Application of health promotion theory frameworks

It is important to observe the shifts in the stages of behaviour change of TTM to evaluate the sustained improvement of health behaviour outcomes that can be prescribed to individuals who are willing to quit an unhealthy habit and modify their behaviours [26]. Social media interactions provide rich data sources to understand the processes of stages of behaviour change and can help to discover the patterns of social behaviour changes [26]. Public health awareness requires the incorporation of some theories of behavioural change into social media health interventions [5].

The Transtheoretical Model (TTM) has been used in one study to conceptualise the process of behaviour change [36]. One study [36] identified the highest engagement in pre-action of stages of TTM behaviour change (Precontemplation, Contemplation, and Preparation) in a content intervention on Facebook.

Figure 3 illustrates that the majority of studies [5, 10, 12, 32, 34, 40] adopted social cognitive theory (SCT) as the basis to analyse the social media content and evaluate the relationship between the outcome and self-efficacy postings that influenced online audience engagement. Social cognitive theory (SCT) was used with the assumption that people adopt new behaviour better when they observe the others’ behaviour and demonstrate the desired health behaviour for social media users to learn through observation instead of other health messages like written texts or still pictures [10].

Fig. 3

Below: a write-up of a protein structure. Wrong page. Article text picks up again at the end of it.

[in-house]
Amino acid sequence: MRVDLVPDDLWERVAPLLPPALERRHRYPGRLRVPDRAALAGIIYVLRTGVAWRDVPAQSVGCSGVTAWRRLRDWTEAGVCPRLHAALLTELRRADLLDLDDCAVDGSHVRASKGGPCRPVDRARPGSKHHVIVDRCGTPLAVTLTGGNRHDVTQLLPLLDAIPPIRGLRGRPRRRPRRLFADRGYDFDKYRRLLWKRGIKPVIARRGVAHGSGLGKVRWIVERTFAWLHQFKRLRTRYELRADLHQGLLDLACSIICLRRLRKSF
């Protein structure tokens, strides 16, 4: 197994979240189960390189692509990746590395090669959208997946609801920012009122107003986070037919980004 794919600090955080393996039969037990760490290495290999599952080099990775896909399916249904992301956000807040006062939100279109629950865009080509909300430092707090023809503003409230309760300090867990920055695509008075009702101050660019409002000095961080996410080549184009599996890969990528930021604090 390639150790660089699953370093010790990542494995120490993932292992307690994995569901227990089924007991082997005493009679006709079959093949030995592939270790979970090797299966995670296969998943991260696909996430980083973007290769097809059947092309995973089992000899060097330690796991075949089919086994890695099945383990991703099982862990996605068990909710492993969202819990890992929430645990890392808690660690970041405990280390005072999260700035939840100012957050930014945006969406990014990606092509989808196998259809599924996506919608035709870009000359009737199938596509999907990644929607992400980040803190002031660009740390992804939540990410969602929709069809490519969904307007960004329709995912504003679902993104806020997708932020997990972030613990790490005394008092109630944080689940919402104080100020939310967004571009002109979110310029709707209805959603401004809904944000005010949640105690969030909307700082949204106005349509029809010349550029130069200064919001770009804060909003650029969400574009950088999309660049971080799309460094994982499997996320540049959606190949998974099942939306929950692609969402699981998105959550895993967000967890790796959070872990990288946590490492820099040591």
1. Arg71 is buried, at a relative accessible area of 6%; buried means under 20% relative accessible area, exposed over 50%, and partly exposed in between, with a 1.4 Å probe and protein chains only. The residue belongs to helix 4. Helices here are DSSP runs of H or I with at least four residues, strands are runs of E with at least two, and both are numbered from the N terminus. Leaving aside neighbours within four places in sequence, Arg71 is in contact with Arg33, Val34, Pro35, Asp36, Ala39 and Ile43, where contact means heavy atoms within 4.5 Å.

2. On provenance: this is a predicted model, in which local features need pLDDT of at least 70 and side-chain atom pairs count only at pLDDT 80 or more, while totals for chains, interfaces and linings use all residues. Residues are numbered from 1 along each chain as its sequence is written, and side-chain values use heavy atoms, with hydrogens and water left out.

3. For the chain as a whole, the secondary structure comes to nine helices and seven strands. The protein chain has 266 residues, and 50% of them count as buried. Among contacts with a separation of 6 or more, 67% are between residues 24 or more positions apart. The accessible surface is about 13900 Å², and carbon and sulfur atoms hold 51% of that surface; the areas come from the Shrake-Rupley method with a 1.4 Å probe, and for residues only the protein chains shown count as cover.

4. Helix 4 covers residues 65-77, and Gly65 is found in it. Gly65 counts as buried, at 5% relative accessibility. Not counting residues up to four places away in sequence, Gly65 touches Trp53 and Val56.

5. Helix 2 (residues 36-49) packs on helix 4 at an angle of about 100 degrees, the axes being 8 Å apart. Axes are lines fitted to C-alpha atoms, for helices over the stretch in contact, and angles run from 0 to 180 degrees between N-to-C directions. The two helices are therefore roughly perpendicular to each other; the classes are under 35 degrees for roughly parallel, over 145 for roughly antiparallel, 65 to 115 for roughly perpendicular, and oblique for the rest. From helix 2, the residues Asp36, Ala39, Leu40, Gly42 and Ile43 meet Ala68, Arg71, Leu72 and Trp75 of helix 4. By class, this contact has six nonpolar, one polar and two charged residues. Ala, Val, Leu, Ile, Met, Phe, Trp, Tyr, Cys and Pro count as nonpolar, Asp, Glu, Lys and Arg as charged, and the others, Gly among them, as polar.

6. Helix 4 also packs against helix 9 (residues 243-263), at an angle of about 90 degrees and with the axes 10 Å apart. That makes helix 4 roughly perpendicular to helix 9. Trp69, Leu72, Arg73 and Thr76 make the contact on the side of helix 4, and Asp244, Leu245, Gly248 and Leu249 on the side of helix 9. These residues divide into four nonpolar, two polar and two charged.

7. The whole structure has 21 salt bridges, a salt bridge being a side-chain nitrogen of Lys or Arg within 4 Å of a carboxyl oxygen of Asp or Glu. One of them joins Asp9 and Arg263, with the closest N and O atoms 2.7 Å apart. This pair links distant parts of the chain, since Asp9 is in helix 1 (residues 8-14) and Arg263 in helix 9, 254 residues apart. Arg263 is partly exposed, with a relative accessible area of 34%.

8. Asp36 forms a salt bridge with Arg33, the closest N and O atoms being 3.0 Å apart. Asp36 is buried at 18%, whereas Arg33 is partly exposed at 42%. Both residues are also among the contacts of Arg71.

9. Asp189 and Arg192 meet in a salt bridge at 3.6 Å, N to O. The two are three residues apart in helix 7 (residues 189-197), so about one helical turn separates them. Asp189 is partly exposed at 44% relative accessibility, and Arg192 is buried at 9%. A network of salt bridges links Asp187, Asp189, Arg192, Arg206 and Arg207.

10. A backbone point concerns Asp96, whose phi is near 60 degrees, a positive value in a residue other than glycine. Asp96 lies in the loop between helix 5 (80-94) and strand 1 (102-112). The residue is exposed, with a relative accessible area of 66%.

figure 3

Health promotion theory frameworks used in the studies

The adopted methodological approaches in the studies

Existing research discovered that evaluation frameworks for social media interventions can help to measure behaviour change and found exposure, reach, and low- to medium-level of users’ engagement as the most important factors to be measured in the social media campaigns in health promotion [4].

The results of concept map in Fig. 4 shows that the majority of the articles (65%) adopted quantitative approaches [5, 10, 28,29,30,31,32,33, 36] to evaluate the impact of social media in health behaviour change and 5 studies (35%) used a mixed method [3, 26, 34, 35, 37] for the study design to evaluate the outcome.

Fig. 4
figure 4

methodology approaches used in the studies

The study design used in the original papers

While social media are becoming preferred methods of health promotion for showing their effectiveness in reaching public audiences [27], the area of need is detected in research to develop models that go beyond calculating reach, shares, and likes and evaluate the outcome of social media campaigns for health promotion [4, 31]. Most research addresses specific interventions and approaches, which vary widely in functionality, and usability. Health promotion evaluations typically seek to understand how effective these approaches are as tools for health promotion and public health communication, education, and behaviour outcomes related to the intervention [27].

The concept map (Fig. 5) structured the methods used in the selected research papers based on the functionality of social media to evaluate the outcome of health promotion campaigns for behaviour change. The review identified communication and education as the most influential factors to evaluate the outcome of health promotion programs for behaviour change [27].

Fig. 5
figure 5

study design used in the studies to evaluate the outcome

Communication factor to evaluate the sustainability of health promotion outcome

Of the nine studies that adopted communication factor to evaluate the outcome of the health promotion program [5, 12, 29,30,31,32, 35, 37, 38], seven conducted content analysis (text analysis) to measure the engagement rate [29,30,31, 35, 37], exposure/control rate [38] and self-efficacy [32] as the parameters to evaluate the outcome. Three studies implemented online surveys [5, 12, 30] and used factor analysis [5, 12] and focus group interviews [30] to measure self-efficacy [12], respondents’ attitude [5] and participants’ attitude and evaluate the outcome.